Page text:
General mortgage information

We will always discuss which kind of mortgage would be most beneficial for your circumstances before making a recommendation, however you may find this information useful.

Repaying the loan

• Whilst many different mortgage options are available, there are two main methods for repaying a mortgage: interest only or repayment (capital and interest).

• With an interest only mortgage, you pay monthly interest payments only to the lender and require an alternative method of repaying the capital by the end of the term.
Popular vehicles that are used for repayment include ISAs and other investments, pension lump sums, sale of property, downsizing and until recent years, endowment policies.

• With a repayment mortgage, monthly payments cover both the interest and part of the capital. This mortgage option offers the certainty that the loan will be paid off at the end of the term.

Flexible mortgages

•Flexible features differ, but generically will suit if your financial circumstances vary or you want to use bonuses or commissions, often at irregular intervals, to repay your mortgage.

• There should be no redemption penalties for lump payments and interest is typically recalculated daily.

• Sometimes you’ll be able to draw back funds paid in to a flexible mortgage.

Variable rates

• This could be the lender’s own calculated Standard Variable Rate (SVR), which fluctuates as lending rates change.

• Or a Bank of England Base Rate tracker rate that is normally set at a fixed margin above the Bank’s base rate. Both types normally share an initial discount.

• Lenders will typically calculate their SVR in relation to movements in the Bank of England Base rate, for example keeping between 1 or 2 percent above, but not always. The SVR might go up and down as soon as the base rate changes or less frequently, e.g. once a year, reflecting interest rate changes during that period.


Fixed rates

• Here the interest rate is fixed for a set initial period, typically between two and ten years.

• Unlike variable rates, fixed rates allow you to budget your monthly home expenses as you know that your monthly repayment will remain unchanged for a set period.

• You are also protected, during this set period, from any increases in interest rates, although equally you will not benefit from falling rates.

• Lenders often charge a booking fee on fixed rate loans.

• Redemption penalties are generally incurred if the loan is paid off within the fixed period, but there will normally be an allowance fr overpayments.

• Many lenders offer loans with a very low initial fixed rate, on which extended redemption penalties apply for one or more years beyond the fixed period, normally when the loan has reverted to a much higher variable interest rate. We do not endorse these arrangements and advise against them.

Capped rates

• The loan has a maximum interest rate, or cap, for a specific time period.

• This protects you from an unexpected rise in interest rates.

• If the lender’s standard variable rate falls below the cap, you will benefit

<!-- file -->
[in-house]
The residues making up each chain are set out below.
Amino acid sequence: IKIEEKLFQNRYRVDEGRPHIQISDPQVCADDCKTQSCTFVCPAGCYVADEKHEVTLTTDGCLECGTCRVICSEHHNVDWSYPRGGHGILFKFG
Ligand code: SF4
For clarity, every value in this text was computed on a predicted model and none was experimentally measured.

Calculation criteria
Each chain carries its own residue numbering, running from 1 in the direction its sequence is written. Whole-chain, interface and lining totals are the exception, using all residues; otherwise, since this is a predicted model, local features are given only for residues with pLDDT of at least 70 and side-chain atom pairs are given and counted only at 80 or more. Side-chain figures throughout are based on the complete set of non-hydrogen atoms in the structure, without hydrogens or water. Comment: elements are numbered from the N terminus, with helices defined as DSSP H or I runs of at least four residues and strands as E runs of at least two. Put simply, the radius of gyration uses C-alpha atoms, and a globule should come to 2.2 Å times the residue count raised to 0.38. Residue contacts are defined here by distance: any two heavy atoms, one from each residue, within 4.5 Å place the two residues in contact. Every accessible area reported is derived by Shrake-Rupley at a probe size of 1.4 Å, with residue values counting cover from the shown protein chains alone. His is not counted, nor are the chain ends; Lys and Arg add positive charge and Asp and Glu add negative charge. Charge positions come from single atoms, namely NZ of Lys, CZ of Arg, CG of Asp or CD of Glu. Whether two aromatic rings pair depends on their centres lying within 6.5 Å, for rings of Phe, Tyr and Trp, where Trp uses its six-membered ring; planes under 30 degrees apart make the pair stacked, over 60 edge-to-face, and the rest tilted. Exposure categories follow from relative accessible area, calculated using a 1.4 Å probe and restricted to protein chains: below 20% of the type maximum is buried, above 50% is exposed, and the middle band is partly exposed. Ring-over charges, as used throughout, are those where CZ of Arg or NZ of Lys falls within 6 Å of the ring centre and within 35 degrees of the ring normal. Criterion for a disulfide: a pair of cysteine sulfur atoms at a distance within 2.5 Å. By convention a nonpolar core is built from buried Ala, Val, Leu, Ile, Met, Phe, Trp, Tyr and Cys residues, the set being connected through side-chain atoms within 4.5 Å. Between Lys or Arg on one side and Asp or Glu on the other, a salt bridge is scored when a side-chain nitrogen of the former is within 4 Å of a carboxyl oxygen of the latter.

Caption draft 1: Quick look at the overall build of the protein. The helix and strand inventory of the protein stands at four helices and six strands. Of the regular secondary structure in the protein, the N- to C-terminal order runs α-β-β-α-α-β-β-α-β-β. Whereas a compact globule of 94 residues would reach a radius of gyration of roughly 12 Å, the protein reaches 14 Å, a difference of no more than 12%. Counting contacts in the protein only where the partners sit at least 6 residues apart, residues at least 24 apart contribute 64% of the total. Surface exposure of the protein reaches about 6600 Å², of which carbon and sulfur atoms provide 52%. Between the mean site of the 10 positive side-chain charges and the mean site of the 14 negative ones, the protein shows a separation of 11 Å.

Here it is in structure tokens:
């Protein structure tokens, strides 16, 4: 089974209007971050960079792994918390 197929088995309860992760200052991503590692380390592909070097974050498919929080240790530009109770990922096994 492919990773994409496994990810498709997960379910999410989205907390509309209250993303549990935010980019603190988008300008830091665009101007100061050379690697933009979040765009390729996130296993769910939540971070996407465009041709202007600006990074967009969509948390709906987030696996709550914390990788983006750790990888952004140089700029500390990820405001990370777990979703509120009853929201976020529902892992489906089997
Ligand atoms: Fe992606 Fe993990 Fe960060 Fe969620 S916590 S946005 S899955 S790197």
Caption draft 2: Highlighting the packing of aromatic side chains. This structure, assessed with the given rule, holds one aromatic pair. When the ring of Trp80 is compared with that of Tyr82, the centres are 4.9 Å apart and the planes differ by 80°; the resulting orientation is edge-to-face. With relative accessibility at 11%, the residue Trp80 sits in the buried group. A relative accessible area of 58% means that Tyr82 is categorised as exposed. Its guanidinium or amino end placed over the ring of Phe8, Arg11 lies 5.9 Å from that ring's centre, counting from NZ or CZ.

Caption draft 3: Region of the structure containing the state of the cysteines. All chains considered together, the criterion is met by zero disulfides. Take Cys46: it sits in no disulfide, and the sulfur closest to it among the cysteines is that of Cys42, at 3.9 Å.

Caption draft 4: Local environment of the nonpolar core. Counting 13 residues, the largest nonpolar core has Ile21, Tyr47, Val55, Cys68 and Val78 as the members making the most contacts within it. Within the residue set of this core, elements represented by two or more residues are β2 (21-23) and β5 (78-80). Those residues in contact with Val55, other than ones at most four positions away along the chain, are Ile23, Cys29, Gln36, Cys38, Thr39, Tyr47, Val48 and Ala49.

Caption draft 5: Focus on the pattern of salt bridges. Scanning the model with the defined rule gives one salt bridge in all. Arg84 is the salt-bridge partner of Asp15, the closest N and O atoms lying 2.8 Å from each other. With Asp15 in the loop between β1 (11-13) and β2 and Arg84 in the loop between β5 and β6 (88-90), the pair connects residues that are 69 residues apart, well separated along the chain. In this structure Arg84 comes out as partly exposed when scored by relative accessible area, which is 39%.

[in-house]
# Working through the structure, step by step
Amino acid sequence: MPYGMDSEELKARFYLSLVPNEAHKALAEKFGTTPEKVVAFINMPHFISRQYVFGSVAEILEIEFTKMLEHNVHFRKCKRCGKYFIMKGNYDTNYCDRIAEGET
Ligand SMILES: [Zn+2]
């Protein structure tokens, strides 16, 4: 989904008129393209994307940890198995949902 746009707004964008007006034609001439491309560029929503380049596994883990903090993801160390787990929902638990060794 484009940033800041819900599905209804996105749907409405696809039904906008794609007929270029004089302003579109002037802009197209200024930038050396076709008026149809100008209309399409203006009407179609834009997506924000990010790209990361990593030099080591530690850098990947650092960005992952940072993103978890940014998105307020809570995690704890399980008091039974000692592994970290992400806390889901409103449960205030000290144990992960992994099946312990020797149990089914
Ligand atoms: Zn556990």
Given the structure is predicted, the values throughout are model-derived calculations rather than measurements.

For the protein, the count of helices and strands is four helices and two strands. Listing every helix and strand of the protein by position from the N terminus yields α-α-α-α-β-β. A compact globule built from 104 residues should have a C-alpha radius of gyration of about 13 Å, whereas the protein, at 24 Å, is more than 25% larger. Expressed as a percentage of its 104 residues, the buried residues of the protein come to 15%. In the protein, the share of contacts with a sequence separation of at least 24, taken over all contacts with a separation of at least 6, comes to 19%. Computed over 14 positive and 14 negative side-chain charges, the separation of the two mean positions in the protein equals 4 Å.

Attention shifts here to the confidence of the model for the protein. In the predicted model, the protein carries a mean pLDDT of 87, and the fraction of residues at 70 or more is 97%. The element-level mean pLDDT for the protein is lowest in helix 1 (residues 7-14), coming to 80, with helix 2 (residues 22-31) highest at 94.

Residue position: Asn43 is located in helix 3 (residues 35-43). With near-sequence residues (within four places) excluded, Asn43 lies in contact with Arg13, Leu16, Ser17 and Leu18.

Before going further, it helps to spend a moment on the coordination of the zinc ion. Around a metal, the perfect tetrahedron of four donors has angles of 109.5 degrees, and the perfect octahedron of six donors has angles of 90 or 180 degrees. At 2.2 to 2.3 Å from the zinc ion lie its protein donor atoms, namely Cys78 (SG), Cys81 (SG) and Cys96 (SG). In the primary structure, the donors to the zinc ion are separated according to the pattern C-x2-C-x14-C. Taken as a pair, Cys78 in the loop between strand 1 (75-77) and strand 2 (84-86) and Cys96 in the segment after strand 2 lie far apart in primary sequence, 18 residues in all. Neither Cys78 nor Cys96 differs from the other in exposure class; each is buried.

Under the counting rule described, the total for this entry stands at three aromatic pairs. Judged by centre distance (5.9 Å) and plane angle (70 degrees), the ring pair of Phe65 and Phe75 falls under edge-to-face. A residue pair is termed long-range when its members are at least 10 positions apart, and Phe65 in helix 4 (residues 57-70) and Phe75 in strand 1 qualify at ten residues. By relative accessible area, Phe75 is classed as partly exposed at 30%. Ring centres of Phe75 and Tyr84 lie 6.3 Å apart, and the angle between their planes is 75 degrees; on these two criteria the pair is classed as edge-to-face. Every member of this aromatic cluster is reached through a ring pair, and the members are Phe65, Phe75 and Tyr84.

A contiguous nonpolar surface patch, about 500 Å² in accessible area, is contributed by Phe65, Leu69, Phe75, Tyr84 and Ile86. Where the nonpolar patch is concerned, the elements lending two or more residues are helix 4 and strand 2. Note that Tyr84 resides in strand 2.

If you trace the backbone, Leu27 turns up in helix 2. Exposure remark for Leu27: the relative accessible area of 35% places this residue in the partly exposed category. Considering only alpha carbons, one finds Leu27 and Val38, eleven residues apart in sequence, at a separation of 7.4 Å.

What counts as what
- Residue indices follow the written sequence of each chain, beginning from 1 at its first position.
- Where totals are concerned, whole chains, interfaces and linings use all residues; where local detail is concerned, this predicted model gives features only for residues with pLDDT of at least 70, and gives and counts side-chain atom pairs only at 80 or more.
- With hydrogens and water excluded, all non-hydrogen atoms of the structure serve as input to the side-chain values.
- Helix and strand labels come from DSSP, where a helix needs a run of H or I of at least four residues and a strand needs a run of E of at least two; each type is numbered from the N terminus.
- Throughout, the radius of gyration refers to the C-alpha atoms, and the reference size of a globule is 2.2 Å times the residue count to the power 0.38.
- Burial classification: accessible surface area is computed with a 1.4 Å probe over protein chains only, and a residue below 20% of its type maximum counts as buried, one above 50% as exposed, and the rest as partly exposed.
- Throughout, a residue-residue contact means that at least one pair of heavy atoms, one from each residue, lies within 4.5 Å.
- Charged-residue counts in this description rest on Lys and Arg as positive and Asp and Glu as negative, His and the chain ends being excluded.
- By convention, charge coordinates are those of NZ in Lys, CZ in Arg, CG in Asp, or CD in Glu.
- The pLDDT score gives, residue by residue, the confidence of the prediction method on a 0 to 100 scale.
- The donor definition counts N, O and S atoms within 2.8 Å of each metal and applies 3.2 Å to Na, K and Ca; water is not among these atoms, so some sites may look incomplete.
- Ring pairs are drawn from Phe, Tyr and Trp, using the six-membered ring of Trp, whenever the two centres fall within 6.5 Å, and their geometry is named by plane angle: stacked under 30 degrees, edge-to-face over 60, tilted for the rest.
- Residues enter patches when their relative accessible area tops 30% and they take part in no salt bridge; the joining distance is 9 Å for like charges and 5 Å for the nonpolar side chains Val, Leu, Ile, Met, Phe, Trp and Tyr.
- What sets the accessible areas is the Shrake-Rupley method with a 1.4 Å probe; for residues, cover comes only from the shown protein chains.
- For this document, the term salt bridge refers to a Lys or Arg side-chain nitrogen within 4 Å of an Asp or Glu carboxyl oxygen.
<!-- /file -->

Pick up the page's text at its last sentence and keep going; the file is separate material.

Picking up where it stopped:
•) because your rate will also decrease.

• If interest rates rise, you will not be charged above the capped rate.

Discounted interest rates

• The lender offers a discount, below their variable rate for a set period of time.

• This means your payment can still be variable, but at a lower interest rate for a given period.

• Once the discount period has expired, your mortgage will revert to a higher variable interest rate.

• Early repayment charges can apply during the discounted period.

Offset mortgage & current account mortgages

• Savings are used to offset mortgage debt and therefore you only pay interest on the difference between your outstanding mortgage balance and your savings.

• In principle you therefore earn tax-free interest at your mortgage interest rate.

• With a current account mortgage your current account balance is also offset against the mortgage debt. Your mortgage debt can also effectively be treated as a large overdraft facility.

Charges involved in purchasing

Stamp duty
Residential rates in England and Wales:                                         
• Nil below a property value of £125,000
• 2% of the amount between £125,000 and £250,000
• 5% of the amount between £250,001 and £925,000
• 10% of the amount between £925,001 and £1.5million

• 12% the amount over £1.5million

An additional 3% is charged when purchasing second residential property.

Survey fee unless you are quite happy that your chosen property is sound, you would be well advised to instruct a homebuyers report or full structural survey.

Solicitor’s costs
• Their fees
• Local searches
• Necessary reports for the lender
• Land Registry fees

Mortgage Lenders costs

A lender may charge none, one or some of these fees:

• Valuation fee
• Administration fee
• Booking / Completion/Arrangement fee (can often be added to loan)
• Higher Lending Charge*
• Early repayment charges

*A higher lending charge (HLC) is a type of insurance taken out to indemnify against losses that lender could incur if the property had to be repossessed and sold in the event of the borrower defaulting on the loan. It protects the lender in the instance that the sale of the property is not enough to repay the amount that they are owed. Now not as common as they used to be, lenders that charge them will have a loan to value threshold, above which an HLC fee will be required; generally between 70% and 90%.